Nuno Pinto is 40, out of work and contemplating a step he thinks is the only way out of his family's financial plight: personal bankruptcy.
Pinto, like many Portuguese, is financially stranded. He has no income, and gets by with the help of his elderly parents, but repayments on loans he took out before Portugal was engulfed by a financial crisis keep falling due.
Personal bankruptcies last year outnumbered company bankruptcies, accounting for 55 percent of all insolvencies in Portugal. It's the first time that has happened and is part of a gloomy catalog of record-breaking statistics.
Portugal's vulnerable, debt-riddled economy was crushed last year by Europe's sovereign debt crisis. Portugal had to follow Greece and Ireland and take a (EURO)78 billion ($103 billion) bailout to dodge national bankruptcy.
Lenders demanded debt-reducing austerity measures that have helped pitch the country into a steep decline. It is in its second straight year of worsening recession, and unemployment has climbed to a record 14.8 percent. Portugal's continuing troubles could yet provide the spark for another European financial emergency.
"I'm up to my neck in debt," Pinto said during a recent visit for legal advice at the Portuguese Consumer Defense Association in Lisbon.
He's close to defaulting on his mortgage and, along with his partner and 9-year-old daughter, faces imminent eviction.
"I'm here to see if I can get what's my last chance _ personal bankruptcy," says Pinto, a burly man with gray hair and beard. Gaining insolvency through the courts would allow him to renegotiate a special repayment plan with his creditors, warding off his most pressing problems.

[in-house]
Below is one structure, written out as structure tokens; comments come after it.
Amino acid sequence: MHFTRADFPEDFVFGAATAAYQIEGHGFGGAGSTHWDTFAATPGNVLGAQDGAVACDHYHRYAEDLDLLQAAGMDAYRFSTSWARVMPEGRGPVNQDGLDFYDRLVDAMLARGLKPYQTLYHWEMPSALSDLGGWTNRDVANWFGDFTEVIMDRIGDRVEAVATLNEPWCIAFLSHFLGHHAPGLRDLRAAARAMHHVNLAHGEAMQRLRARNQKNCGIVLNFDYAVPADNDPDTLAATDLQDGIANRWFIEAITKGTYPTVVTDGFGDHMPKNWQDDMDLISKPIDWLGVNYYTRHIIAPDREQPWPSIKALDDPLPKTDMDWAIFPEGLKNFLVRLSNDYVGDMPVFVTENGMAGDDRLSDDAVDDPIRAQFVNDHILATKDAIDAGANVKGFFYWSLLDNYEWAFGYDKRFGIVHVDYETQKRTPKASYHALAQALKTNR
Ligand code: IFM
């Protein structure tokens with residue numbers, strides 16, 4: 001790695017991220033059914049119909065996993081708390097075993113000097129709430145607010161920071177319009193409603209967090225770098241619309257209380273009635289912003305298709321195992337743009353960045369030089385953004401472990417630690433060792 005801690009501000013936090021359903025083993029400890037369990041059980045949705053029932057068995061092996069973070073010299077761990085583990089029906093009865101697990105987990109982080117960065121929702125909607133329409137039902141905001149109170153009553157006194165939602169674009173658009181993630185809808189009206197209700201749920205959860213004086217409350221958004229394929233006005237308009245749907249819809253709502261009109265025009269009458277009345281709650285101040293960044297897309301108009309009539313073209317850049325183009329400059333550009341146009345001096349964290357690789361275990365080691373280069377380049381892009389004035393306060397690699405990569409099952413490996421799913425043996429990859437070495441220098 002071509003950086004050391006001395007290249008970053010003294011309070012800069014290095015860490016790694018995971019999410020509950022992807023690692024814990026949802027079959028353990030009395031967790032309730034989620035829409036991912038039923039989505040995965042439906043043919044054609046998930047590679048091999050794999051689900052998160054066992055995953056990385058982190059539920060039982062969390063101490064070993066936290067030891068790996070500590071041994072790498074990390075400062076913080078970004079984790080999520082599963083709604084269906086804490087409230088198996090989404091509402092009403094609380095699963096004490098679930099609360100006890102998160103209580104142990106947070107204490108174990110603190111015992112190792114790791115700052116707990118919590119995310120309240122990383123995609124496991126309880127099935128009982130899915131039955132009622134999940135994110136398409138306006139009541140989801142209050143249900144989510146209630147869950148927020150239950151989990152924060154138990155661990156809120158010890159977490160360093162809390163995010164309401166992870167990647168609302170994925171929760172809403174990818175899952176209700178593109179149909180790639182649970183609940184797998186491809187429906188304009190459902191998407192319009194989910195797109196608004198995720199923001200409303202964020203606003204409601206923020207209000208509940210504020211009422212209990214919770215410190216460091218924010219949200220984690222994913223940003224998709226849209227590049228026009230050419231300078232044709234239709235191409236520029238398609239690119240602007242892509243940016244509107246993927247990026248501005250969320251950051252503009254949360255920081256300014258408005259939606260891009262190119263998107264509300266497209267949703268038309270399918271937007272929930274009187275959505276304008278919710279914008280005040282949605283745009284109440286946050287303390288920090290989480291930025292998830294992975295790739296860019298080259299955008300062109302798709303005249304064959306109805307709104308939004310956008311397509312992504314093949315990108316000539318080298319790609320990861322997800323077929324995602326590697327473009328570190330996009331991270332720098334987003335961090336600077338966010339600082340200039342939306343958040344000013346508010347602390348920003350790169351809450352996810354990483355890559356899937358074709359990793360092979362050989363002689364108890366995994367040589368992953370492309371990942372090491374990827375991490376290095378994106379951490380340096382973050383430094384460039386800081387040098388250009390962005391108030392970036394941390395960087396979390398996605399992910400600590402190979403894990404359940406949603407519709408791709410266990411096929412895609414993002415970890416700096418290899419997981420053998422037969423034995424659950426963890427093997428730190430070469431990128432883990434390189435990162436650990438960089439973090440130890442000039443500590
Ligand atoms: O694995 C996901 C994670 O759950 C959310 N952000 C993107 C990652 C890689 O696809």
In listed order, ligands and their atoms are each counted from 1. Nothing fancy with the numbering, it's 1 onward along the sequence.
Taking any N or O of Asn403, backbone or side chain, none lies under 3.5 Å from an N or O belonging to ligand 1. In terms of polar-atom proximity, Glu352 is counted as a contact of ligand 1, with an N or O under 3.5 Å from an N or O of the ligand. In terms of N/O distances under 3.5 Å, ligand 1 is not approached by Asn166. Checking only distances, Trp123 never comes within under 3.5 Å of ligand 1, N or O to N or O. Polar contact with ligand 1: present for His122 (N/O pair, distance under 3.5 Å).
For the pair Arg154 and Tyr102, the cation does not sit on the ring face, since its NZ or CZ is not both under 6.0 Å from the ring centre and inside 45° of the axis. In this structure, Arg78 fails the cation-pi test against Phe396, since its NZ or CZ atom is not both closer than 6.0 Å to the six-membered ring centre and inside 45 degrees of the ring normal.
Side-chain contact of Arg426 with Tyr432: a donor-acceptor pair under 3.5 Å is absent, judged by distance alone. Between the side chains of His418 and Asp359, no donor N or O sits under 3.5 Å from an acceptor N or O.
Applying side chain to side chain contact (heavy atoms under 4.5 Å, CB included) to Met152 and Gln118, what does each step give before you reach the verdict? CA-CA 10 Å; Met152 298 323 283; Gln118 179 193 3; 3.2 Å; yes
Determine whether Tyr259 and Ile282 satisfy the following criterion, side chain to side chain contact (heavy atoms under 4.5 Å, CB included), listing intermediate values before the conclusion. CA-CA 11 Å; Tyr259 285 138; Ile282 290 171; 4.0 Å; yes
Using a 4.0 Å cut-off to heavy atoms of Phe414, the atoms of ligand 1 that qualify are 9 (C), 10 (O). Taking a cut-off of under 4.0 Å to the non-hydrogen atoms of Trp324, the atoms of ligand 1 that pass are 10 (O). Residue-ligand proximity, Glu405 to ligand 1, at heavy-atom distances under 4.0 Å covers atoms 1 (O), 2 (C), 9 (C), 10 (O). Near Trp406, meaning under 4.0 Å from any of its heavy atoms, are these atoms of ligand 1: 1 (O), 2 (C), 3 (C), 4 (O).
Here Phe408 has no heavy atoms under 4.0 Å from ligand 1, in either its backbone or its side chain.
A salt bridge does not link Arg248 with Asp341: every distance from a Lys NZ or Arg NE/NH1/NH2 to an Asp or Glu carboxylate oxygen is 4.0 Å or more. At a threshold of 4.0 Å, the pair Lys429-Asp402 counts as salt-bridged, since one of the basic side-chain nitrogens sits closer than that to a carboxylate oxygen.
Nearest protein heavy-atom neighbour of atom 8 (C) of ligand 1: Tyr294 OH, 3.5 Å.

Stories like Pinto's aren't hard to find these days in Portugal, a country of 10.6 million people enduring its worst hardship in recent memory.
The Portuguese are paying a heavy price for their country's failure to move with the times over the past decade. Portugal's calcified economy has produced almost no meaningful growth since the turn of the century.
Pinto is one of the more than 670,000 Portuguese who last year defaulted on their loans _ a 5 percent jump on the previous year. Defaults on consumer credit amounted to (EURO)1.53 billion ($2 billion) in January, a 14 percent increase since last May's bailout. It's the highest level of unpaid private debt since the Bank of Portugal started keeping detailed records 15 years ago.
Total debt _ that taken on by the state, companies, and individuals _ stood at 418 percent of annual GDP last year. The country has never been so deep in the red.
Such perilous levels of debt have lumbered banks with piles of bad loans and raised the specter of Portugal needing to ask for more international financial aid that could detonate another bout of eurozone volatility, even though Portugal accounts for less than 2 percent of the 17-nation bloc's GDP.
The Consumer Defense Association, a privately-funded body, says that between 2010 and 2011 the number of requests for help it received jumped 60 percent to more than 23,000 families.
The problem isn't just unemployment. Austerity measures have included public sector pay cuts. The government has pruned welfare benefits and increased sales tax, including a hike in the tax on electricity to 23 percent from 6 percent.
Old certainties and expectations, such as inflation-linked pay increases and automatic promotions, are gone. All these austerity measures have combined to throw housekeeping budgets out of kilter to a point where families' disposable income _ what's left for discretionary spending after taxes and bills _ has shrunk so much that for an increasing number of Portuguese there's little left for basics like food and clothes.